Survivors, educators, doctors help local producer/director Keith Famie produce an eye-opening documentary about cancer.
Photos courtesy of Visionalist Entertainment Productions
Almost 2 million people will be newly diagnosed with cancer this year, and almost 607,000 people will die from the disease, according to statistics from the American Cancer Society.
Local producer and director Keith Famie wanted to know what Michigan oncologists, as well as oncological clinicians and researchers from across the country, are doing to combat a disease that instantly brings upheaval to a person’s life and the lives of their loved ones.
“Cancer is frightening,” he said. “It’s this beast with the ability to morph itself. It makes it so difficult for oncologists (to treat) because it has the ability to change itself.”
Famie, with the cooperation of approximately 100 people, including Jewish doctors, patients and leaders of cancer-focused service organizations from Metro Detroit, will release the three-hour documentary, Those on the Front Lines of Cancer, this month.
The full documentary will air on Detroit Public Television/PBS, Channel 56, in Detroit with the first hour showing from 9-10 p.m. Thursday, Oct. 10, and the remaining two hours from 9-11 p.m. Thursday, Oct. 17.
The documentary, produced by Famie’s Visionalist Entertainment Productions company, is broken into 21 segments that include a look at specific cancers like breast cancer, blood cancer, prostate cancer and childhood cancers as well as segments on precision medicine, community organizations that serve those with cancer, the issue of opioids and marijuana in allaying cancer symptoms and financial toxicity related to paying for cancer care, among other subjects.
“In having spent time with some of these cancer researchers, [I’ve learned that] a lot of us have caused our own problems and now we’re paying the price,” Famie said. “How do we get back to some of the basics? How do we avoid cancer? What can we do from a lifestyle standpoint to stack the decks in our favor?
“I wanted to address a lot of complex issues but to give people practical advice,” he said.
Famie and his production crew spent two years making the documentary and just recently finished filming. Famie previously produced a documentary about Alzheimer’s disease and dementia, and those on the front lines of battling those diseases, among other health-related documentaries.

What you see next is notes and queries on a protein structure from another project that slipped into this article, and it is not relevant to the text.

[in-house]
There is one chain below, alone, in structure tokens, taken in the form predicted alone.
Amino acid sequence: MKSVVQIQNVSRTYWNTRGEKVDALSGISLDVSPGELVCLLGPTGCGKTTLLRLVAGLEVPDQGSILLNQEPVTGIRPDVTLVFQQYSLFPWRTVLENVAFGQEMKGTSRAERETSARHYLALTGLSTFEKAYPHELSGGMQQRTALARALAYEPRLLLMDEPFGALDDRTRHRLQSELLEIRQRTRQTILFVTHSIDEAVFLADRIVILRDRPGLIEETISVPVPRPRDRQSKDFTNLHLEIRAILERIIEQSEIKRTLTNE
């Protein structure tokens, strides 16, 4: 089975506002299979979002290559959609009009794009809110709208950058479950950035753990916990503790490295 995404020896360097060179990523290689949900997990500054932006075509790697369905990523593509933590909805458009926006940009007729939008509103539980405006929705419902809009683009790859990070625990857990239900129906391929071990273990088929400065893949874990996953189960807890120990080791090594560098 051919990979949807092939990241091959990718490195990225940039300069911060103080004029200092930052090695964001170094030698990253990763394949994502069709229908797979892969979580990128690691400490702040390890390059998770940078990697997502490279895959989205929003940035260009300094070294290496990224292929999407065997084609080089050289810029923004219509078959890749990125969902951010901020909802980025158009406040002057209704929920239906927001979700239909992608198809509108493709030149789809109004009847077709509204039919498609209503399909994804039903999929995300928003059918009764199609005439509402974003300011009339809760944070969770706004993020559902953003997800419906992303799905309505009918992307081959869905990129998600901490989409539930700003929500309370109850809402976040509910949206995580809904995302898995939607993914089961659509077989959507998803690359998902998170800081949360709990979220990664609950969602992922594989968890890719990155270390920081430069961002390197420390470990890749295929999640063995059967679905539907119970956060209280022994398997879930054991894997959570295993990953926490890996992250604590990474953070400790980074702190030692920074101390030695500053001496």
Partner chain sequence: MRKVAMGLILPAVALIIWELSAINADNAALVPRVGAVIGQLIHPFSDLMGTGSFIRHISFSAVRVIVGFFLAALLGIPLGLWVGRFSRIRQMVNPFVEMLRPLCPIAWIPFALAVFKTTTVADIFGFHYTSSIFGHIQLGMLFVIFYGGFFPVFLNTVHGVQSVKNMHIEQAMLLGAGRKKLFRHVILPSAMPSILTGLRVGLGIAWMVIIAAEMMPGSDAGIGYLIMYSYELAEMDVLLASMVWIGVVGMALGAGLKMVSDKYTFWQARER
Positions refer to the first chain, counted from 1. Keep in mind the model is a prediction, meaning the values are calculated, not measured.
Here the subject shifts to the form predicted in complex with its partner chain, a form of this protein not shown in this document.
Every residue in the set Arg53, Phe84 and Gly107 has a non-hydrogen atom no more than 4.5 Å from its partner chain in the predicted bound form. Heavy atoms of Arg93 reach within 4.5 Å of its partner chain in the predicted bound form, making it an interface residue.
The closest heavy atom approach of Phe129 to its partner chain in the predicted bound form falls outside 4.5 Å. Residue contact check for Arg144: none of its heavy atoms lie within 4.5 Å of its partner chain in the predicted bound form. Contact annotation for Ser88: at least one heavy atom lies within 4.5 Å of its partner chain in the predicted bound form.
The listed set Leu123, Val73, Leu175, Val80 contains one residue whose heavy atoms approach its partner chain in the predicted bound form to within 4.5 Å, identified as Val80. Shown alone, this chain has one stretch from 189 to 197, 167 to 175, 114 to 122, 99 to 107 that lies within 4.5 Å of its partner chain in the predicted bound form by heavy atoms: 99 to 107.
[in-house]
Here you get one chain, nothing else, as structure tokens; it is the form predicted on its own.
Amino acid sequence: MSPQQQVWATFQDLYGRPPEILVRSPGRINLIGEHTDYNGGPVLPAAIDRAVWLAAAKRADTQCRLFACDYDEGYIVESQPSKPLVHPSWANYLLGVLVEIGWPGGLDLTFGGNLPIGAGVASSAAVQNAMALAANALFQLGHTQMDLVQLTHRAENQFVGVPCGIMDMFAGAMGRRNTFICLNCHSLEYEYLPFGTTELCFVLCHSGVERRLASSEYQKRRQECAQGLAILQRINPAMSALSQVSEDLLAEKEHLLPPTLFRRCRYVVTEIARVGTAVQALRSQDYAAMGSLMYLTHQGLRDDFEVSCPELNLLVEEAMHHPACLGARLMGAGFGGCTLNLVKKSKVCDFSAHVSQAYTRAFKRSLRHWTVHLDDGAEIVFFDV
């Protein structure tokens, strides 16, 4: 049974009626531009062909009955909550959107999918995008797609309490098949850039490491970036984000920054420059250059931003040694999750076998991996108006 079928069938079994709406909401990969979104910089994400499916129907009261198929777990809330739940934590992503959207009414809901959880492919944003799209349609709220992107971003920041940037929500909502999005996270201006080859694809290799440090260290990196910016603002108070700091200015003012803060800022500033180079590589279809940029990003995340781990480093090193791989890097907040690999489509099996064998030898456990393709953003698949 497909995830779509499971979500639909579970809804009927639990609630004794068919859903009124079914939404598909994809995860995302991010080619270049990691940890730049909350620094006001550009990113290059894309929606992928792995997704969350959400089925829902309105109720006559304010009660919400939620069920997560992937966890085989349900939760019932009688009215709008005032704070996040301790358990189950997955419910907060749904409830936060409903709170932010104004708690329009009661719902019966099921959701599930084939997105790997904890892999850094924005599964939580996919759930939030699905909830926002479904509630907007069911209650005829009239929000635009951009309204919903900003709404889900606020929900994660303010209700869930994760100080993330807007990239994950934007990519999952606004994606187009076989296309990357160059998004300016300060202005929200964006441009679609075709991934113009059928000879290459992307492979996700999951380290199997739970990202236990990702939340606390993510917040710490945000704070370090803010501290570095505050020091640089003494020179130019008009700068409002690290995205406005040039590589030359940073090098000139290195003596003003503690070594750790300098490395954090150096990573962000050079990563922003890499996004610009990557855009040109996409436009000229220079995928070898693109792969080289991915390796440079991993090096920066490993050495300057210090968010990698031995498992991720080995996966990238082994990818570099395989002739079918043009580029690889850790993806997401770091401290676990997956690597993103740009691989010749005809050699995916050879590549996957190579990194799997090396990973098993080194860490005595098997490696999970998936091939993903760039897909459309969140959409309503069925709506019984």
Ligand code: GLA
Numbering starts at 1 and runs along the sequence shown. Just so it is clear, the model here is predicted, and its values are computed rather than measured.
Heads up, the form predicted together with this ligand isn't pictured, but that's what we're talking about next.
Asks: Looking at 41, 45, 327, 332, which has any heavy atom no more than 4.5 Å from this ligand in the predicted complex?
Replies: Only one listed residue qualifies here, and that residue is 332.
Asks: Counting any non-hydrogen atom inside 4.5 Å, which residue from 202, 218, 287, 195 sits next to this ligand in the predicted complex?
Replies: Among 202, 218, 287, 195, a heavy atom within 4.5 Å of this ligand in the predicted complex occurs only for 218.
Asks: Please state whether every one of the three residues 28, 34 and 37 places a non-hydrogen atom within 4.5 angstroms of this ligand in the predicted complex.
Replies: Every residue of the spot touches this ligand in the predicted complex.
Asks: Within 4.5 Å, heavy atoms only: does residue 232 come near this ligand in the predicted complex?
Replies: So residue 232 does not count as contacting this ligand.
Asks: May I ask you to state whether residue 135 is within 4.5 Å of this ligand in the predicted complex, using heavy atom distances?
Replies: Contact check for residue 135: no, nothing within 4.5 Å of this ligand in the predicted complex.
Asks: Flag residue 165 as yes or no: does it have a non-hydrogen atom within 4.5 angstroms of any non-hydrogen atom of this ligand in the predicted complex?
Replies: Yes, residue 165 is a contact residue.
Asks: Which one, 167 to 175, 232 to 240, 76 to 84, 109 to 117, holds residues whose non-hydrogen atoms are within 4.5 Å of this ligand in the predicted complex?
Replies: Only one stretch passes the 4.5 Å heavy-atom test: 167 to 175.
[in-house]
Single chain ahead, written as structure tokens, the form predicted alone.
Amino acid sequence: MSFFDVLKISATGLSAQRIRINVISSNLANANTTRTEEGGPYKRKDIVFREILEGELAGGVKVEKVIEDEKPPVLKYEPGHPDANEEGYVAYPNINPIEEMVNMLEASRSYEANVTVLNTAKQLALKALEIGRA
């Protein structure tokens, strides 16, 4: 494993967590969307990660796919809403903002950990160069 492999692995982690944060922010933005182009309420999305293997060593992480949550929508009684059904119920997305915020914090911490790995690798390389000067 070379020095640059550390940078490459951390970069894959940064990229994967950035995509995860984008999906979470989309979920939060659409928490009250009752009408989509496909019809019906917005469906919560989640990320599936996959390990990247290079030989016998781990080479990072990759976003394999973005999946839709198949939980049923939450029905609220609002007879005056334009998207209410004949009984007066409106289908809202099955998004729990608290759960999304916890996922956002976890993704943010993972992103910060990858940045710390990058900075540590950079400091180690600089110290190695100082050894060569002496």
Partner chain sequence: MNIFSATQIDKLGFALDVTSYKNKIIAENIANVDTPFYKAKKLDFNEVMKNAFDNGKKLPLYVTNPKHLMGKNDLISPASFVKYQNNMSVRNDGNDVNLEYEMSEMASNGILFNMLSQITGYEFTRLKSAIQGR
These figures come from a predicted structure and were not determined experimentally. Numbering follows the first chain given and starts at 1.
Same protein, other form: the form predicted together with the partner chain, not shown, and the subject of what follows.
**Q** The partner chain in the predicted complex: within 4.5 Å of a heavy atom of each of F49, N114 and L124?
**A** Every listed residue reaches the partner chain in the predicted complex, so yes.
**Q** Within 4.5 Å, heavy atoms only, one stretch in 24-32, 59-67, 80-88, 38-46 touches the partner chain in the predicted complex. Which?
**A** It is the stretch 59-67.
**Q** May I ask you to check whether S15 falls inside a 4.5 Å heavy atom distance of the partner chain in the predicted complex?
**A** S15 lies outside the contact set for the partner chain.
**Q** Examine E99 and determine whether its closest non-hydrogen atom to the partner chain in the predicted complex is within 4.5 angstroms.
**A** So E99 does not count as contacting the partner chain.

“I asked myself, what are the diseases that take you out of the game of life? I lost my father to Alzheimer’s,” Famie said. “The natural one to gravitate to [next] is cancer.”
Famie interviewed oncologists and cancer researchers from the University of Michigan, Children’s Hospital of Michigan in Detroit, Henry Ford Health System, Beaumont Health, Ascension Providence Hospital and the Barbara Ann Karmanos Cancer Institute, in addition to experts from hospitals and health organization across the country.
He and his crews also filmed about 25 people who have experienced cancer themselves and share their stories.
Sheila Sky Kasselman, head of the Sky Foundation, which raises money for pancreatic cancer awareness and research, is one of the film’s producers and stars. Kasselman was diagnosed with pancreatic cancer in 2007, and said she never expected to be part of such a project.
“Few of us with pancreatic cancer live for a long time and I’m a 12-year survivor,” she said. “I had what is known as Whipple surgery (an operation to remove the head of the pancreas, the first part of the small intestine, the gallbladder and the bile duct). I survived it, but it leaves a mark. I’m 79 years old and I do everything. I’m very busy.”
Kasselman said it’s her hope that by supporting the film, as well as appearing in it as a cancer survivor, it will educate people about tough-to-treat pancreatic cancer.
“I was so pleased and happy that we would have pancreatic cancer as part of the film,” she said. “It will bring awareness of the disease and, hopefully, it will bring hope.”
Kids Kicking Cancer, a global organization founded by Rabbi Elimelech Goldberg, also known as Rabbi G, is also featured in Famie’s documentary. Goldberg is also a clinical assistant professor in the Department of Pediatrics at Wayne State University School of Medicine in Detroit. The Southfield-based organization helps children cope with the pain and fear of their cancer diagnoses through meditation and martial arts moves.
“It’s important for people to understand that cancer is a very treatable disease,” said Rabbi G, who lost a young daughter to cancer. “The power of the mind transcends pain and fear and anger associated with the diagnosis of cancer. We learn we don’t have to be defined by the disease.”
Rabbi G said the children who took part in the filming were thrilled to be part of the project.
“We always tell the children they are teaching the world,” he said. “When people film the children, it just re-emphasizes they are teaching the world. They are powerful martial arts teachers.”
Famie hopes that people take from the documentary a sense of empowerment about their own health and the belief they can take proactive measures to thwart a cancer diagnosis.
“Staying on top of maintenance of your body is important,” Famie said. “How we live our life today determines how we live tomorrow. You really have to be your own advocate.”
In hearing other people’s stories about their experience with cancer, Famie believes the film will have a deep emotional resonance with his audiences.
“My approach has always been to understand the story of the journey that someone is on,” he said. “Nothing is more rewarding than someone saying, ‘This (documentary) helped me go see the doctor. It’s taught me to be more proactive about how to live life.’”
To learn more about Those on the Front Lines of Cancer, visit http://ontodaysfrontlines.com/cancer/